Finally, fourth, we recommend that regulators encourage asset managers to find a way to incorporate investor preferences into their proxy voting and provide oversight to the voting process, ensuring transparency and integrity.


1 See also EU (2017). (go back)

2Concerns about the role of large asset managers in separating management from shareholders date back at least to Peter Drucker’s book “The unseen revolution: How pension fund socialism came to America,” New York: Harper & Row, 1976.(go back)

3See SEC (2021).(go back)

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5See Buechel (2022). In related work, Aggarwal (2015) examine how public opinion on corporate governance is associated with proxy advisors’ recommendations and voting by mutual funds.(go back)

6The importance of credit rating agencies comes to mind. In that context there is a clear objective measure – default risk. That clarity has made them indispensable for the functioning of debt markets. Nevertheless, a key lesson from the Global Financial Crisis was that dependence on them should be limited (and indeed, the Dodd-Frank Act pushed back on reliance on credit ratings for federal regulation). However, the centrality of ratings in debt markets, together with the natural monopoly aspects, make that aim difficult to accomplish.(go back)

7See Brav (2021), Iliev and Lowry (2015), and Buechel (2022), p.5.(go back)

8 back)

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10Greater participation of the underlying investors rather than asset managers may enhance the power of the proxy advisory firms.(go back)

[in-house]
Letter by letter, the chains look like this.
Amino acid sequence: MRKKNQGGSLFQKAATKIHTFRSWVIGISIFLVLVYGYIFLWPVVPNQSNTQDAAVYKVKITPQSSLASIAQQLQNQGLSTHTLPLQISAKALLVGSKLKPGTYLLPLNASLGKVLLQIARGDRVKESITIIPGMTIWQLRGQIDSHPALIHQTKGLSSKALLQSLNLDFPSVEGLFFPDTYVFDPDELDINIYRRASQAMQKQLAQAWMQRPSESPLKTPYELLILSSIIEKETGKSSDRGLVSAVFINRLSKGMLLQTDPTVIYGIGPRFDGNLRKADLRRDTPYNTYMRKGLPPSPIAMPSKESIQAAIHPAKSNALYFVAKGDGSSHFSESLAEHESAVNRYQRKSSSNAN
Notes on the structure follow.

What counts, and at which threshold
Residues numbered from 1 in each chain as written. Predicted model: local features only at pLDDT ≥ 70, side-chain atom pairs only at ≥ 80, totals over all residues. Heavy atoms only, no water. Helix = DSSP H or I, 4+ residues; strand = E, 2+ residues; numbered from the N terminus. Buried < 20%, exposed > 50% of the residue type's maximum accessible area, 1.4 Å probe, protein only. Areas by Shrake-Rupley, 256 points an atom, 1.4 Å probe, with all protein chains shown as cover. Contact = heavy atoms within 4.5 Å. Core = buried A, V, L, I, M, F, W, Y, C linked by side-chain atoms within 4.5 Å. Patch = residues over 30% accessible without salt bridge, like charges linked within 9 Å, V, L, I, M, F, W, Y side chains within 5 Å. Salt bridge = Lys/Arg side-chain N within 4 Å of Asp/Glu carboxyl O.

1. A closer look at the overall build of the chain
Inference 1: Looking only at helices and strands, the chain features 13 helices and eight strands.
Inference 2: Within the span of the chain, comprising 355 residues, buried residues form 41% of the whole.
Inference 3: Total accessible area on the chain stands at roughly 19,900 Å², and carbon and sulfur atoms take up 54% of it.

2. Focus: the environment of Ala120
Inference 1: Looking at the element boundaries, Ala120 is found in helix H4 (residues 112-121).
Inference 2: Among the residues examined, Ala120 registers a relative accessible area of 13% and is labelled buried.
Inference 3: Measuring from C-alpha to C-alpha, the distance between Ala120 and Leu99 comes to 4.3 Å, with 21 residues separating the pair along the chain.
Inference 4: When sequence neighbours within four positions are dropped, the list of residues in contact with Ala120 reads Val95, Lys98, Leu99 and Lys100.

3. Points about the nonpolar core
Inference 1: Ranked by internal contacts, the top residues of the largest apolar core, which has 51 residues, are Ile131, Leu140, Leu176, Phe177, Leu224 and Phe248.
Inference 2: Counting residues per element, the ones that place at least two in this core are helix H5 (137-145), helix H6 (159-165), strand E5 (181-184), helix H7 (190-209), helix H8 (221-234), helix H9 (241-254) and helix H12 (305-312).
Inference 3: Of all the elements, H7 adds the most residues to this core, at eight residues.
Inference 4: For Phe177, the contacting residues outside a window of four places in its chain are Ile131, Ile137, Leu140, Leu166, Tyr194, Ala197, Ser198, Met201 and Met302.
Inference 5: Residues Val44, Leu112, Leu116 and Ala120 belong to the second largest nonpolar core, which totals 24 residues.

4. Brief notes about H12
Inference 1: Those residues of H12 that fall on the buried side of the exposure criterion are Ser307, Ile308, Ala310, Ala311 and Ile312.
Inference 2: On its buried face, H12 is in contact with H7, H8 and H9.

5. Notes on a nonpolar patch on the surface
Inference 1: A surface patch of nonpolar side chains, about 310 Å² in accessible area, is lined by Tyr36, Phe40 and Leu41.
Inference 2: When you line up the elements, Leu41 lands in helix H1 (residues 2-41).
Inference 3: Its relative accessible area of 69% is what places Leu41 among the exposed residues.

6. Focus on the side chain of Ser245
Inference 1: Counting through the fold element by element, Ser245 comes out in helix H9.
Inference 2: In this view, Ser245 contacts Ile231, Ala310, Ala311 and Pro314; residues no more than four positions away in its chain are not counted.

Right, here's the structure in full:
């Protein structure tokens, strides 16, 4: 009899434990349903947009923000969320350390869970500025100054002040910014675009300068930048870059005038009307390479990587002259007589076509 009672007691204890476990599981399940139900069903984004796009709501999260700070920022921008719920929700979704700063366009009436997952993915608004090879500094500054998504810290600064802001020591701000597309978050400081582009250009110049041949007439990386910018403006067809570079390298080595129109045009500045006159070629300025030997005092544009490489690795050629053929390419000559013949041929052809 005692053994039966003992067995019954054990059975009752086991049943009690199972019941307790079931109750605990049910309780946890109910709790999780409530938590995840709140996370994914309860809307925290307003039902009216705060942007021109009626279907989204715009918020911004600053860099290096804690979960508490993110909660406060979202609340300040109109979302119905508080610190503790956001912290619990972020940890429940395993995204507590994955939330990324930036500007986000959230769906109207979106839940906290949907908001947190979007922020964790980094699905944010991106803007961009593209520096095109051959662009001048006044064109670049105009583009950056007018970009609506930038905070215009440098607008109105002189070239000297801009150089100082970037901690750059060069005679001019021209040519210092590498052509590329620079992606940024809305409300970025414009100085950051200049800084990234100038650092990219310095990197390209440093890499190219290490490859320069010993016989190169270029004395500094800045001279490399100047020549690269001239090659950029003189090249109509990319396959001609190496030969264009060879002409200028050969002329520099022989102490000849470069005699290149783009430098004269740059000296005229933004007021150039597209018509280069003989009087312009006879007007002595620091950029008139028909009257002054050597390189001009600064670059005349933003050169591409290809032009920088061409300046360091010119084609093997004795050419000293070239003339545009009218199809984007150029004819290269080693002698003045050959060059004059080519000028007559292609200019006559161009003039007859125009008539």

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12Another concern is that common ownership in asset management due to the rise of passively-managed funds and increased concentration in the asset management industry may lead to distortions in proxy voting. In the literature, the common ownership problem refers to the objective function of asset managers holding an index portfolio (Schmalz 2022). The task of a fund manager is to maximize the combined shareholder value of all firms in the portfolio. However, this objective may not be the same as maximizing individual firm shareholder values. The difference between these two objective functions is related to the competitive structure of the industry. For example, if two firms are competing with each other, such as Pepsi and Coca-Cola, a common shareholder (holding shares in both companies simultaneously) may favor a lower degree of competition among these two firms than individual shareholders would. Thus, common ownership in the equity of firms competing in the same market, as is often the case in index investing, changes the objective function of investors. The growing importance of a small number of very large asset managers may well increase the risks attributed to common ownership.(go back)